• GMP applies to the life-cycle stages from the manufacture of investigational medicinal products, technology transfer, and commercial manufacturing, through to product discontinuation.
  • The PQS can extend to the pharmaceutical development life-cycle stage and should facilitate innovation and continual improvement and strengthen the link between pharmaceutical development and manufacturing activities.
  • All parts of the PQS should be adequately resourced and maintained, including being provided with sufficient competent personnel, suitable premises, equipment and facilities.

The PQS for GMP

  • The PQS appropriate to the manufacture of pharmaceutical products should ensure that:
  • a) Product realization is achieved by designing, qualifying, planning, implementing, maintaining and continuously improving a system that allows the consistent delivery of products with appropriate quality attributes;
  • b) Product and process knowledge is managed throughout all life-cycle stages;
  • c) Pharmaceutical products are designed and developed in a way that takes account of the requirements of GMP and other associated codes such as those of good laboratory practice (GLP) and good clinical practice (GCP);
  • d) Production and control operations are clearly specified in a written form and GMP requirements are adopted;
  • e) Managerial responsibilities are clearly specified in job descriptions;
  • f) Arrangements are made for the manufacture, supply and use of the correct starting and packaging materials, the selection and monitoring of suppliers and for verifying that each delivery is the correct material from the approved supply chain;
  • g) All necessary controls on starting materials, intermediate products, and bulk products and other in-process controls, calibrations and validations are carried out.
  • h) The finished product is correctly processed and checked, according to the defined procedures;
  • i) Pharmaceutical products are not sold or supplied before the authorized persons have certified that each production batch has been produced and controlled in accordance with the requirements of the marketing authorization and any other regulations relevant to the production, control and release of pharmaceutical products;
  • j) Processes are in place to assure the management of outsourced activities;
  • k) Satisfactory arrangements exist to ensure, as far as possible, that the pharmaceutical products are stored, distributed and subsequently handled so that quality is maintained throughout their shelf-life;
  • l) There is a procedure for self-inspection and/or quality audit that regularly appraises the effectiveness and applicability of the PQS;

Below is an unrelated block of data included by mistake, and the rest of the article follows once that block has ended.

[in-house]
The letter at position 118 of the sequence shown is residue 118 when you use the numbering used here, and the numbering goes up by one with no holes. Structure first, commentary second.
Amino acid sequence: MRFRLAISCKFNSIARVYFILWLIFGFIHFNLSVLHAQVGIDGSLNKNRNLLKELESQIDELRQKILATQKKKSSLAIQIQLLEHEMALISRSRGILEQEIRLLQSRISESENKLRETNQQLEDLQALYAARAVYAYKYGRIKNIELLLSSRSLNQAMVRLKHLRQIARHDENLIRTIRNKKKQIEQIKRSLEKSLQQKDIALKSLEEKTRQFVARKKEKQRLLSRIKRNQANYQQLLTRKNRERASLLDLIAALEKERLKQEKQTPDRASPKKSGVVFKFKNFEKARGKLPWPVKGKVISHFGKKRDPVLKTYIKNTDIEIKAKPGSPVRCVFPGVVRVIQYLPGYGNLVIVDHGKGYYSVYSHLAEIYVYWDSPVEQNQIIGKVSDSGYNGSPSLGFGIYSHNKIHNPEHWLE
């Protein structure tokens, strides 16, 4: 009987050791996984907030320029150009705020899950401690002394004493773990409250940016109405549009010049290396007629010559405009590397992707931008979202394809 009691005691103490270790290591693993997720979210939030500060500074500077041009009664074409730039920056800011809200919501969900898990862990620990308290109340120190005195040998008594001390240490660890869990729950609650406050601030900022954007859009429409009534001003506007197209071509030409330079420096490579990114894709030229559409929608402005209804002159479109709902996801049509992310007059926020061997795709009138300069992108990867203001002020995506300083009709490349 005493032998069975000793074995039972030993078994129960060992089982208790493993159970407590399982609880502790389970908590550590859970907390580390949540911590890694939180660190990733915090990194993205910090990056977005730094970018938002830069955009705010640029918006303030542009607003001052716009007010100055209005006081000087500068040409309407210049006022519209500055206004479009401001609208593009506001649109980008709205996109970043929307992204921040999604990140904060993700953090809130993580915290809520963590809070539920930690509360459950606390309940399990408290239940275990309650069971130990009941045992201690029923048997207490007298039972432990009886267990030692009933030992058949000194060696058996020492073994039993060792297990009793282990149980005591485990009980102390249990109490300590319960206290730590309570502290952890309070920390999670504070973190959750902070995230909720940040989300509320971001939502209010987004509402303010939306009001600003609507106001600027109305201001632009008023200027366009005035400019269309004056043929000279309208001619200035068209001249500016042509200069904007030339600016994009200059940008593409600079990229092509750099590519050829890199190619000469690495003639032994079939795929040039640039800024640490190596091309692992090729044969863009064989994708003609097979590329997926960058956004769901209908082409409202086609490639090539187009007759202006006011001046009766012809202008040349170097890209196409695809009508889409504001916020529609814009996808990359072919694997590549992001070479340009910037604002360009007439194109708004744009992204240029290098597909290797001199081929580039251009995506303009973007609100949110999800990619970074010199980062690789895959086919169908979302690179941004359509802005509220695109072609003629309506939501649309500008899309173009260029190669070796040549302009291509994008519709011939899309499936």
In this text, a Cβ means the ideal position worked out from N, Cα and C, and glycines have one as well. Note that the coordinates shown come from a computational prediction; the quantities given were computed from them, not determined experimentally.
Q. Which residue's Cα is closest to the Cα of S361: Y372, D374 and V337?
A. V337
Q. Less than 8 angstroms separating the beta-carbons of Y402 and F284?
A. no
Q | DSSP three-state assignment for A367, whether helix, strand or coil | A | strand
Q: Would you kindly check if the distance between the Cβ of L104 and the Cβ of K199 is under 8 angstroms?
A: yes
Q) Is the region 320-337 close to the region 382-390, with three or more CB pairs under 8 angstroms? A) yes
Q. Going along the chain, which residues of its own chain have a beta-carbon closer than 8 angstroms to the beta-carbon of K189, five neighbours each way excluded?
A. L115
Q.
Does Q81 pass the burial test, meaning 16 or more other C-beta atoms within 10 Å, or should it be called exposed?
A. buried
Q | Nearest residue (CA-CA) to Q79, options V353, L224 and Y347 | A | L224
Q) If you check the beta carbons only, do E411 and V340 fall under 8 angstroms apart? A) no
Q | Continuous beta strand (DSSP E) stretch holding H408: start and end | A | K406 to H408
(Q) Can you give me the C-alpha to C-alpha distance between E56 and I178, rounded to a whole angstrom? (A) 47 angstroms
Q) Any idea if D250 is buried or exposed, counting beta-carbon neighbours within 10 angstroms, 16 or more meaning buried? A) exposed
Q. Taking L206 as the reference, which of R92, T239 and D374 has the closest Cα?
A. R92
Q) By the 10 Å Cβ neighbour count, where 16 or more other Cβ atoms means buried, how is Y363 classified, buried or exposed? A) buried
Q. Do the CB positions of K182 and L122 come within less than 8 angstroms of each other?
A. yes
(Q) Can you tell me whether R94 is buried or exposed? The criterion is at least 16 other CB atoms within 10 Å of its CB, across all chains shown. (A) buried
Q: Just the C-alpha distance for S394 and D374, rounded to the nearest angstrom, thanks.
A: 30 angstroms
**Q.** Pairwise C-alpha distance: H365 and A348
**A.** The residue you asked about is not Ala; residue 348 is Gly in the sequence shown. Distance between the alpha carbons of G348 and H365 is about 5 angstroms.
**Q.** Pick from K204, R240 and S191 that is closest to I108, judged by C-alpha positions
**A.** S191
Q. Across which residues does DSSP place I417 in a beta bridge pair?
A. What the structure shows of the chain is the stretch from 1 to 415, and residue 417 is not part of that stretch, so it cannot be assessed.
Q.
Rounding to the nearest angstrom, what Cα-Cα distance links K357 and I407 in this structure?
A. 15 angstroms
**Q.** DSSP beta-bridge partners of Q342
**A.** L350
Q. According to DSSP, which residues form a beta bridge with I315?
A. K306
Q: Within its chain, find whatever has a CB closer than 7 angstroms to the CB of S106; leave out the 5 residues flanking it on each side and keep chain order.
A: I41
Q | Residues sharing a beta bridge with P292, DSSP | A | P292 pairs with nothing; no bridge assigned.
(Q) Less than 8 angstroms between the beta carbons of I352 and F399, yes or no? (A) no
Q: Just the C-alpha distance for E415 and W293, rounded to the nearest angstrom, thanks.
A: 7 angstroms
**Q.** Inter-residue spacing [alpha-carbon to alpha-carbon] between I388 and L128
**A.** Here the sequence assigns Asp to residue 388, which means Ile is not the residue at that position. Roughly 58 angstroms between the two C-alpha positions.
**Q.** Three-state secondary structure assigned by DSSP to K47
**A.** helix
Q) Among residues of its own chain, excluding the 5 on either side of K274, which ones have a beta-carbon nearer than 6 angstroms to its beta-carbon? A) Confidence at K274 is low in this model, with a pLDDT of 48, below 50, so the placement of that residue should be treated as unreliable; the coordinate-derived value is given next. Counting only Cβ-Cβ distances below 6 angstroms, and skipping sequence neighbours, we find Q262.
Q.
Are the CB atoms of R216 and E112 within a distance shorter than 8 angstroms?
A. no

• m) Product and processes are monitored and the results taken into account in batch release, in the investigation of deviations and, with a view to taking preventive action to avoid potential deviations occurring in the future;
  • n) Arrangements are in place for the prospective evaluation and approval of planned changes and their approval prior to implementation taking into account regulatory notification and approval where required. After implementation of any change, an evaluation is undertaken to confirm that the quality objectives were achieved and that there was no unintended adverse impact on product quality;
  • o) Regular reviews of the quality of pharmaceutical products are conducted with the objective of verifying the consistency of the process and identifying where there is a need for improvement;
  • p) A state of control is established and maintained by developing and using effective monitoring and control systems for process performance and product quality;
  • q) Continual improvement is facilitated through the implementation of quality improvements appropriate to the current level of process and product knowledge;
  • r) There is a system for QRM;
  • s) Deviations, suspected product defects and other problems are reported, investigated and recorded. An appropriate level of root cause analysis is applied during such investigations. The most likely root cause(s) should be identified and appropriate corrective actions and/or preventive actions (CAPAs) should be identified and taken. The effectiveness of CAPAs should be monitored.

PQS Standards

  • There should be periodic management reviews, with the involvement of senior management, of the operation of the PQS to identify opportunities for continual improvement of products, processes and the system itself.
  • Unless otherwise justified, such reviews should be conducted at least annually.
  • The PQS should be defined and documented.
  • A quality manual or equivalent documentation should be established and should contain a description of the quality management system including management responsibilities.

Quality risk management

  • QRM is a systematic process for the assessment, control, communication and review of risks to the quality of the medicinal product. It can be applied both proactively and retrospectively.
  • QRM should ensure that:
  • – The evaluation of the risk to quality is based on scientific knowledge, experience with the process and ultimately links to the protection of the patient;